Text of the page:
Use Anchor and Lead Fingers When Changing Chords

I saved the best tip for last. This is secret of the guitar gods--something that will make your guitar playing infinitely easier. The crazy thing is, a lot of guitar instruction books don’t even mention this trick. Here we go.

An anchor finger is a finger that stays in the same position as you move from one chord to another. Let’s use the transition from the A to the D chord as an example. [Display diagrams of each side by side above my head] Notice that for both chords, the first finger goes on the third string, second fret. So there’s no point in picking it up. It’s much easier to leave that finger there, pivoting off that finger as you lift your second and third fingers, moving into the D chord position. [do this in closeup as I talk]. Now granted, your first finger wasn’t in an ideal position when you were fretting your A chord, so you’ll want to cozy it up right next to the highwire when you move to D, but still, keeping it on the same fret is a huge benefit. Initially, it may hard to keep your finger glued there as you move the other two, but move slowly and carefully as you overcome this minor obstacle, and very soon you’ll start reaping the rewards of this trick.

Lead fingers stay on the same string as you move from one chords to another, but you scoot to a different fret. Let’s say you’re moving from a D to an E chord. [Display diagrams of each side by side above my head]. Can you find the lead finger?

It’s your first finger again. You lift your second and third fingers, scoot your first finger to the first fret, and place your second and third fingers in an E position.

Practice these two tricks and soon you’ll be able to play with your eyes closed.

Practice Exercise

Now I’m going to take you through three exercises so that you can practice fretting your A, D, and E chords correctly, and start working on moving quickly between the chords. But remember, the slower you go, the faster you’ll get there. Your goal here should not be to move quickly, but to make correct movements, and to do that, you need to go slow.

First, I want you practice playing A and D, back and forth. [Fret an A] Remember to arch your fingers, crowd next to the highwire, press harder with fingers that are in the backseat (in this case, the first finger), be aware of your thumb--mine hand’s big enough so I’m muting the 6th string. Once you’re in position, test your chord and feel and listen for any problems. I’m going to include the 6th string in my test just to make sure it’s muted properly.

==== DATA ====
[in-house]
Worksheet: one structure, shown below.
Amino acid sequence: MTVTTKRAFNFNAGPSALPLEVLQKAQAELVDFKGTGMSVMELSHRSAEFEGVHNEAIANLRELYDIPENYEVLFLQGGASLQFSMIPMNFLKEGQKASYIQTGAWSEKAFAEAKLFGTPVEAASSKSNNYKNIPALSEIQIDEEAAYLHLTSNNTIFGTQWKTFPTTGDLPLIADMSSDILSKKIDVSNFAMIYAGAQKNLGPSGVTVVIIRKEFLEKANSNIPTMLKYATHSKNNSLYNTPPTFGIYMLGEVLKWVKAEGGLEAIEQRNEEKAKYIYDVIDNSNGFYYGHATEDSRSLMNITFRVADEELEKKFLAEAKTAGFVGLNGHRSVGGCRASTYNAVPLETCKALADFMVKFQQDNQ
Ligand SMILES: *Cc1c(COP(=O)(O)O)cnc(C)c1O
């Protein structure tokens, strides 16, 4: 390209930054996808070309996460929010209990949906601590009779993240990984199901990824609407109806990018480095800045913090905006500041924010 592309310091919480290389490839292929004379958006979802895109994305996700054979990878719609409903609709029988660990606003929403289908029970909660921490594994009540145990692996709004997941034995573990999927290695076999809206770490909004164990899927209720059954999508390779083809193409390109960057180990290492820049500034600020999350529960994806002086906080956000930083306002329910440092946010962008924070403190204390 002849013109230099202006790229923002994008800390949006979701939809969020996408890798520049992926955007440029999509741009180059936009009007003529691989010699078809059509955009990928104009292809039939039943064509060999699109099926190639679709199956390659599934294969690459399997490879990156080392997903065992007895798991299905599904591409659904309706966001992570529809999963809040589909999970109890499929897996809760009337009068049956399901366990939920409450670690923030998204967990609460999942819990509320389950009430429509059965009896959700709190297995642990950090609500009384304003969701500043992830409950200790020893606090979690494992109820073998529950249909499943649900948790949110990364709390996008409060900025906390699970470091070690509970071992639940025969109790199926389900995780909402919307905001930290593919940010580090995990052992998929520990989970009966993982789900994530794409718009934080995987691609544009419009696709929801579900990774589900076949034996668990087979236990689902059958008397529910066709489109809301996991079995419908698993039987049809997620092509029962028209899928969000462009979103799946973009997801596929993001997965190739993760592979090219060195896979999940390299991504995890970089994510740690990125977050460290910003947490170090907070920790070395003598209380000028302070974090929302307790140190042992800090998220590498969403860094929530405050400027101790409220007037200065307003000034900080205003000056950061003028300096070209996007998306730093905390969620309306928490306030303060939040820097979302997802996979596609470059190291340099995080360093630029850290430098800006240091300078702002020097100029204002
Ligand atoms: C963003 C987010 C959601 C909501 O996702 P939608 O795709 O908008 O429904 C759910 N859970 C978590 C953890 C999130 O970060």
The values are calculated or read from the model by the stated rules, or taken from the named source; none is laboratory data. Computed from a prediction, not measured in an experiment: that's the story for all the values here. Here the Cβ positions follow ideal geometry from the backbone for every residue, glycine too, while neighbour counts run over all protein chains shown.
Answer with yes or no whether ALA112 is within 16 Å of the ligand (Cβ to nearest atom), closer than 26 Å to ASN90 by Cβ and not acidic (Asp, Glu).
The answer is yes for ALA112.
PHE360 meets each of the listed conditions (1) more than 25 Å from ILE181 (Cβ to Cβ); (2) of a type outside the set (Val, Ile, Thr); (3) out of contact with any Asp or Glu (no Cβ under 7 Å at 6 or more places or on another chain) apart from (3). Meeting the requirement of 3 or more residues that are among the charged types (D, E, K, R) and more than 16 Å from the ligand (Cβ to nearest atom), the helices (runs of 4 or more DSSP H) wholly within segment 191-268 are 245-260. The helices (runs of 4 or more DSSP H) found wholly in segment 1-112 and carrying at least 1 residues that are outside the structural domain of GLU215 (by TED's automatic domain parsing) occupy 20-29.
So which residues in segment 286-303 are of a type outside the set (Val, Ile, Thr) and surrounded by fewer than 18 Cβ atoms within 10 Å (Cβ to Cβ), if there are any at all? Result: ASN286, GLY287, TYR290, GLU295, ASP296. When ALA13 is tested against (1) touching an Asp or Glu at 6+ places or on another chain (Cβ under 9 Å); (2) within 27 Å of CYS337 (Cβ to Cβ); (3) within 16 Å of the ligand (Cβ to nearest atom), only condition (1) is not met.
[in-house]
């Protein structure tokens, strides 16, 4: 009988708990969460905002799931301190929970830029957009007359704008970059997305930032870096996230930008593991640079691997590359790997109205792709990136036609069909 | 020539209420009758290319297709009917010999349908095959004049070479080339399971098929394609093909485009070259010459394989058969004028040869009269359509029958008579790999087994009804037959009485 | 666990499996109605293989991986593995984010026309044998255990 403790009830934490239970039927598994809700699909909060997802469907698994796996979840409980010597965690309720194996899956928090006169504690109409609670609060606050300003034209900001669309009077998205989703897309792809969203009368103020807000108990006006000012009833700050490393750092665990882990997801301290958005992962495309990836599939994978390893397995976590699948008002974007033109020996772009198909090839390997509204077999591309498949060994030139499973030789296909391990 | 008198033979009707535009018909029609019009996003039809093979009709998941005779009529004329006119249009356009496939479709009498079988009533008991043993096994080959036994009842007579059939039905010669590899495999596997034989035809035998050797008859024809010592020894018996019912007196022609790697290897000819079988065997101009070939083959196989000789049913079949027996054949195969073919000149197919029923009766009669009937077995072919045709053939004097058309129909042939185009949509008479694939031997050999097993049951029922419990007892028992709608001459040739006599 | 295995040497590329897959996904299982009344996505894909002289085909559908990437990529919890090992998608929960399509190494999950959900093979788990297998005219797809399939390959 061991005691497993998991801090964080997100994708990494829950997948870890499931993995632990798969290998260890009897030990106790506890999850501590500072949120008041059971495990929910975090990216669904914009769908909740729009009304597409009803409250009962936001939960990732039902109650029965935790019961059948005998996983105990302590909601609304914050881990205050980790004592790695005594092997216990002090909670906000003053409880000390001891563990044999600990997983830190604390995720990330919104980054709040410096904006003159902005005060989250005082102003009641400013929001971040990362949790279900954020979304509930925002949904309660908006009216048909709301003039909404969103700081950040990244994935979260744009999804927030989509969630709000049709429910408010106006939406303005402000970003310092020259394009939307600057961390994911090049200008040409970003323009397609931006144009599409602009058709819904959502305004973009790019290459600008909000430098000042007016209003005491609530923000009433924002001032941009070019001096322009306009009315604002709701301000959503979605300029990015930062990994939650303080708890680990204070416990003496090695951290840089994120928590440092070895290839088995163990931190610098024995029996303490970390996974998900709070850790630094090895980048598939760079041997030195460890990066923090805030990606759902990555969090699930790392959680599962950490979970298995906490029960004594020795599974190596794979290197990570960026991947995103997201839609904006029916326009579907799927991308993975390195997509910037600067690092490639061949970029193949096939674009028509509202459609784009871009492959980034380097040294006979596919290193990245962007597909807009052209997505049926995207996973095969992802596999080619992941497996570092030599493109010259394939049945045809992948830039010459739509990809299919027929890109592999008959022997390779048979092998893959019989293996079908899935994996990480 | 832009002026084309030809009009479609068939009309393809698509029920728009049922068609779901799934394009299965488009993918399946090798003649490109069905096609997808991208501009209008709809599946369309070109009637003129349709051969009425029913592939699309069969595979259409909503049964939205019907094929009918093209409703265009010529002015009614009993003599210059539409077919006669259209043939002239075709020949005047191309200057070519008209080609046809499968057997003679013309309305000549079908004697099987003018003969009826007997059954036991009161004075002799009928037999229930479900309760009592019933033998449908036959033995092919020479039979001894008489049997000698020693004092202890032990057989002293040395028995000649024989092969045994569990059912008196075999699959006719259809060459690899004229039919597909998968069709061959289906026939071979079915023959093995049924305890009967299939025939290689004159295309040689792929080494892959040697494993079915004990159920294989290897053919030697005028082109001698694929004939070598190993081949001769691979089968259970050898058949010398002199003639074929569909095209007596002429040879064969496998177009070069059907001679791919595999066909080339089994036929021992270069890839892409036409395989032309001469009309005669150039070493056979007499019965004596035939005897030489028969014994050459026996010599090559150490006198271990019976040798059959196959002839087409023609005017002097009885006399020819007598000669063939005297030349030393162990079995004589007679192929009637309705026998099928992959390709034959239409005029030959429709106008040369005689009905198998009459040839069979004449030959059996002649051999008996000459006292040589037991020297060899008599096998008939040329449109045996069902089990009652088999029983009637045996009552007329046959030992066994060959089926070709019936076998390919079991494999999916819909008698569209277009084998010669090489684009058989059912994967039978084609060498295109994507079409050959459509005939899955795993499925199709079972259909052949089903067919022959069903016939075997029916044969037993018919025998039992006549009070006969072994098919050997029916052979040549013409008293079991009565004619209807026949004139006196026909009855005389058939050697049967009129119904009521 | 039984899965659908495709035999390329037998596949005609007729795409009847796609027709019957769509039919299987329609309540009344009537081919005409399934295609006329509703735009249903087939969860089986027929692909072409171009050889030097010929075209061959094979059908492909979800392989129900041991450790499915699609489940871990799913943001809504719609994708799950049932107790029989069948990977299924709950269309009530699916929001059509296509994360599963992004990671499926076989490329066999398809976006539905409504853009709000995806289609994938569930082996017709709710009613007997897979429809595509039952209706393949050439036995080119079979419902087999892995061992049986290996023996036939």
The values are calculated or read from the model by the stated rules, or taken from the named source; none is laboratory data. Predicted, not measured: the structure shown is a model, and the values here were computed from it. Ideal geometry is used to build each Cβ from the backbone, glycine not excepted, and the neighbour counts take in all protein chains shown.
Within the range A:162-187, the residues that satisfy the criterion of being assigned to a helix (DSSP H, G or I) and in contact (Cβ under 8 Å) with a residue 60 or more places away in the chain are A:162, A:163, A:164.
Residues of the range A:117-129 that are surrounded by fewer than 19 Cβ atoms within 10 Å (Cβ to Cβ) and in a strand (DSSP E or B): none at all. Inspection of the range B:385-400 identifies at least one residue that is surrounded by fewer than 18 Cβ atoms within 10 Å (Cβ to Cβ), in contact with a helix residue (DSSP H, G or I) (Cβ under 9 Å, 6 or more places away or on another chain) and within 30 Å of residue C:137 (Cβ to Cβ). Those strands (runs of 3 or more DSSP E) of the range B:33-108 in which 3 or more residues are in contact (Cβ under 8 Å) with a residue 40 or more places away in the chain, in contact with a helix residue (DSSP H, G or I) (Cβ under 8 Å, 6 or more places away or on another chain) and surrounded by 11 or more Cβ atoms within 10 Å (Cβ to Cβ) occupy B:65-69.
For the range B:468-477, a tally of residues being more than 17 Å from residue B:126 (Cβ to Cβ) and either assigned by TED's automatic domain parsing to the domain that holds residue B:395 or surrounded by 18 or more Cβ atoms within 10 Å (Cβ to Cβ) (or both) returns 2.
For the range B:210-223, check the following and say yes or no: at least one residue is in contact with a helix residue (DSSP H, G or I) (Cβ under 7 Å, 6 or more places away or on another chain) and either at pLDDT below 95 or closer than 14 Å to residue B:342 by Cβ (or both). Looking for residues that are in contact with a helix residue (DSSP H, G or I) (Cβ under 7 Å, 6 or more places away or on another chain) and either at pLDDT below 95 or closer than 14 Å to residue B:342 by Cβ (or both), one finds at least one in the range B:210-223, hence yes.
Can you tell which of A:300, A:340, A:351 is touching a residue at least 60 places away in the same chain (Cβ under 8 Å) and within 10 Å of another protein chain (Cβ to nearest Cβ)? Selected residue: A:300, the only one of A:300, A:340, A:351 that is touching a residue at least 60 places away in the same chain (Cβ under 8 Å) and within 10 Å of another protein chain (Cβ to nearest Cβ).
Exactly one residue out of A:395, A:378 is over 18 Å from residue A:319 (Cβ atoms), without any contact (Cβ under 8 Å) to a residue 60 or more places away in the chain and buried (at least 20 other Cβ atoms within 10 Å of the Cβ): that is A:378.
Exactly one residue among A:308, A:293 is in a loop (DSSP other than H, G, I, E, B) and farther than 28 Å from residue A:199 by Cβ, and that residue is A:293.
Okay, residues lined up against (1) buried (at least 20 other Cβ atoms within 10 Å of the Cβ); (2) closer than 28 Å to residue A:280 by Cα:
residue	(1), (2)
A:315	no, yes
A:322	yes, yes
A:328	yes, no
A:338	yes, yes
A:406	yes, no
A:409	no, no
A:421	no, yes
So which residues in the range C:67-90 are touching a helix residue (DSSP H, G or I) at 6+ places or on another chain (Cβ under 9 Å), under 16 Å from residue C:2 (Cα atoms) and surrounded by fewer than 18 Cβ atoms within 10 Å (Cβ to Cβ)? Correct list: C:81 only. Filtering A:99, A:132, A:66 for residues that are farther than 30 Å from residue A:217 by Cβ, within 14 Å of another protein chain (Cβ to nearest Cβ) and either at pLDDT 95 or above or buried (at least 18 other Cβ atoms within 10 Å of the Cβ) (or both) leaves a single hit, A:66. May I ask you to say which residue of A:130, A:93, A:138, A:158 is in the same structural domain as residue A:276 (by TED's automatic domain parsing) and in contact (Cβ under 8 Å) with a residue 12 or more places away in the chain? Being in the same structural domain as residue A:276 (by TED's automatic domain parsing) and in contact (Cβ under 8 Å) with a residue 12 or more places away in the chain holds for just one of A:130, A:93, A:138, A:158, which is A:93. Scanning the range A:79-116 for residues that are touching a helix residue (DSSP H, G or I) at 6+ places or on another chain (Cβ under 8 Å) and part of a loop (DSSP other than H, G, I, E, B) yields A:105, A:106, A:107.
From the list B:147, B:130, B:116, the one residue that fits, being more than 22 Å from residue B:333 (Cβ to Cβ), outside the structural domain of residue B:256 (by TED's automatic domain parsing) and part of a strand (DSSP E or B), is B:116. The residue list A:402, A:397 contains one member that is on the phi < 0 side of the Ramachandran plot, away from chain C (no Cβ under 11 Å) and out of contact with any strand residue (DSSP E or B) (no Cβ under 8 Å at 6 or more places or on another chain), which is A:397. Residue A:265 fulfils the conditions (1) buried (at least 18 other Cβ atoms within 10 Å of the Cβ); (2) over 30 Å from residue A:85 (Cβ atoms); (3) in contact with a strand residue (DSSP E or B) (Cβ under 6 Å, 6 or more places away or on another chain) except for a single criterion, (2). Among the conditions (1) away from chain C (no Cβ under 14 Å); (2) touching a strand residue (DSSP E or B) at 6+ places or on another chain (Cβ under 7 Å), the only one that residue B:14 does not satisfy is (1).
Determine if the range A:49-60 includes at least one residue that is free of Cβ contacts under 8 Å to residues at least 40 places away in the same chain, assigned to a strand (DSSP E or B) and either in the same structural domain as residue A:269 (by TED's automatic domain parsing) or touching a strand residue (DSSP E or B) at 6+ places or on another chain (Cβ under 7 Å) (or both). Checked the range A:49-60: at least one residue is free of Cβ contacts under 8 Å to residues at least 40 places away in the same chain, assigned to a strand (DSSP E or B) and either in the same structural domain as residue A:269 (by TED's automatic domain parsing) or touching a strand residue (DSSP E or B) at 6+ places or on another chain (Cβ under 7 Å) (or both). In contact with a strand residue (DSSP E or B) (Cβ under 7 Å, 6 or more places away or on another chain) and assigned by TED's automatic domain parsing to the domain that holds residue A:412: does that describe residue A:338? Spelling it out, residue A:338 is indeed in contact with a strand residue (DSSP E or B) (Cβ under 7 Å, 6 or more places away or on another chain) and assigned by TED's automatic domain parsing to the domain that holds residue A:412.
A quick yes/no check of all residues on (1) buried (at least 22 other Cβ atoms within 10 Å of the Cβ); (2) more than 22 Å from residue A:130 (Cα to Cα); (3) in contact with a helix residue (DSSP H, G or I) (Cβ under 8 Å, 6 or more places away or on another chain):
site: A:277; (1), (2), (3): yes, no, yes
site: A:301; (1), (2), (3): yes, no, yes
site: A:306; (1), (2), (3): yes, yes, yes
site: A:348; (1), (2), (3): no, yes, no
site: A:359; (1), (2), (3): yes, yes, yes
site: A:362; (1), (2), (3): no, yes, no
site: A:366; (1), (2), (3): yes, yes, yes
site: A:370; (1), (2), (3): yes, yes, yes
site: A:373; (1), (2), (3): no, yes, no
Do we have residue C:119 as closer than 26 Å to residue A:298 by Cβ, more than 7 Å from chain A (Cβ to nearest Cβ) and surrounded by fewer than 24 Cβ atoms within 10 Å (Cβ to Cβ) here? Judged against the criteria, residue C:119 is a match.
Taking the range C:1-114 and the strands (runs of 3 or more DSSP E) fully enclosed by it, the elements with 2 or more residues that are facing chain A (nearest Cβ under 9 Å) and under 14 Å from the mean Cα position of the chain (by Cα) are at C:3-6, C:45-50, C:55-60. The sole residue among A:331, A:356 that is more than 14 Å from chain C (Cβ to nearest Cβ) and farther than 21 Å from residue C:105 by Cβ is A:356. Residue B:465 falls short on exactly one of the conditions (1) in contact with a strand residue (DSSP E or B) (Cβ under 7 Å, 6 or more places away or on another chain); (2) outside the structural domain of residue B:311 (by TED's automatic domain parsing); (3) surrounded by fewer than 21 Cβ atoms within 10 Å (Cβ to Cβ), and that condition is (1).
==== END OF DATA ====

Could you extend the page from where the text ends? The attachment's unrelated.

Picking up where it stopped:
And then as you move to D, pivot off your anchor finger. Fret a D chord, remembering to arch your fingers--it’s especially important to arch the third finger with this chord so that it doesn’t touch the 1st string. Crowd next to the highwire. Notice that to do this, I approach the highwire at a diagonal. If my fingers were perfectly perpendicular to the neck, I wouldn’t be able to get my first finger next to the highwire. But by angling in like this, I get it in perfect position. Now this is easier to do with big hands, so your results may vary. Speaking of which, I’ve got my thumb muting the 6th string on this chord, too. Once you’re in position, test the chord and feel and listen for problems. You’ve now completed the first repetition of the exercise. Use your anchor finger as you move back to A--you’ll need to scoot it back a bit to make room for your other fingers, and begin your second rep.

Pause the video now, and do 10-20 reps of this exercise. 20 would be great, but we’ve got two more exercises like this one coming up, so don’t spend all your money here.

[Pause Screen]

Now let’s practice A and E, back and forth. Start with A, and this time, when you move to E, your first finger is a lead finger scooting to the first fret. Assemble an E chord, remembering to arch, get next to the highwire--your first finger’s probably hidden from view, so it might be prudent to peek around your other fingers and confirm it’s in the front seat, and in this chord, your second finger gets crowded back by your third a bit, so just nestle it up as close as you can against the third finger, and you’ll need to press a bit harder too. All six strings should ring on this chord, so no thumb muting. Once you’re in position, test the chord, feel and listen for problems, then return to A using your lead finger to start your second rep. Do 10-20 reps of this exercise.

[Pause Screen]

Finally, work on E and D, back and forth, again using your first finger as a lead finger. 10-20 reps.

[Pause Screen]

Obviously, you have a ton to think about when you first start doing these exercises. But after you’ve done them a few times, you should notice that it takes less vigilance and less work to get your chords to sound good, and your fingers move more quickly. That’s great, that means you’re building muscle memory. Once you think you can handle some more distractions, move on to the next lesson, where you’ll practice using these chords in your song.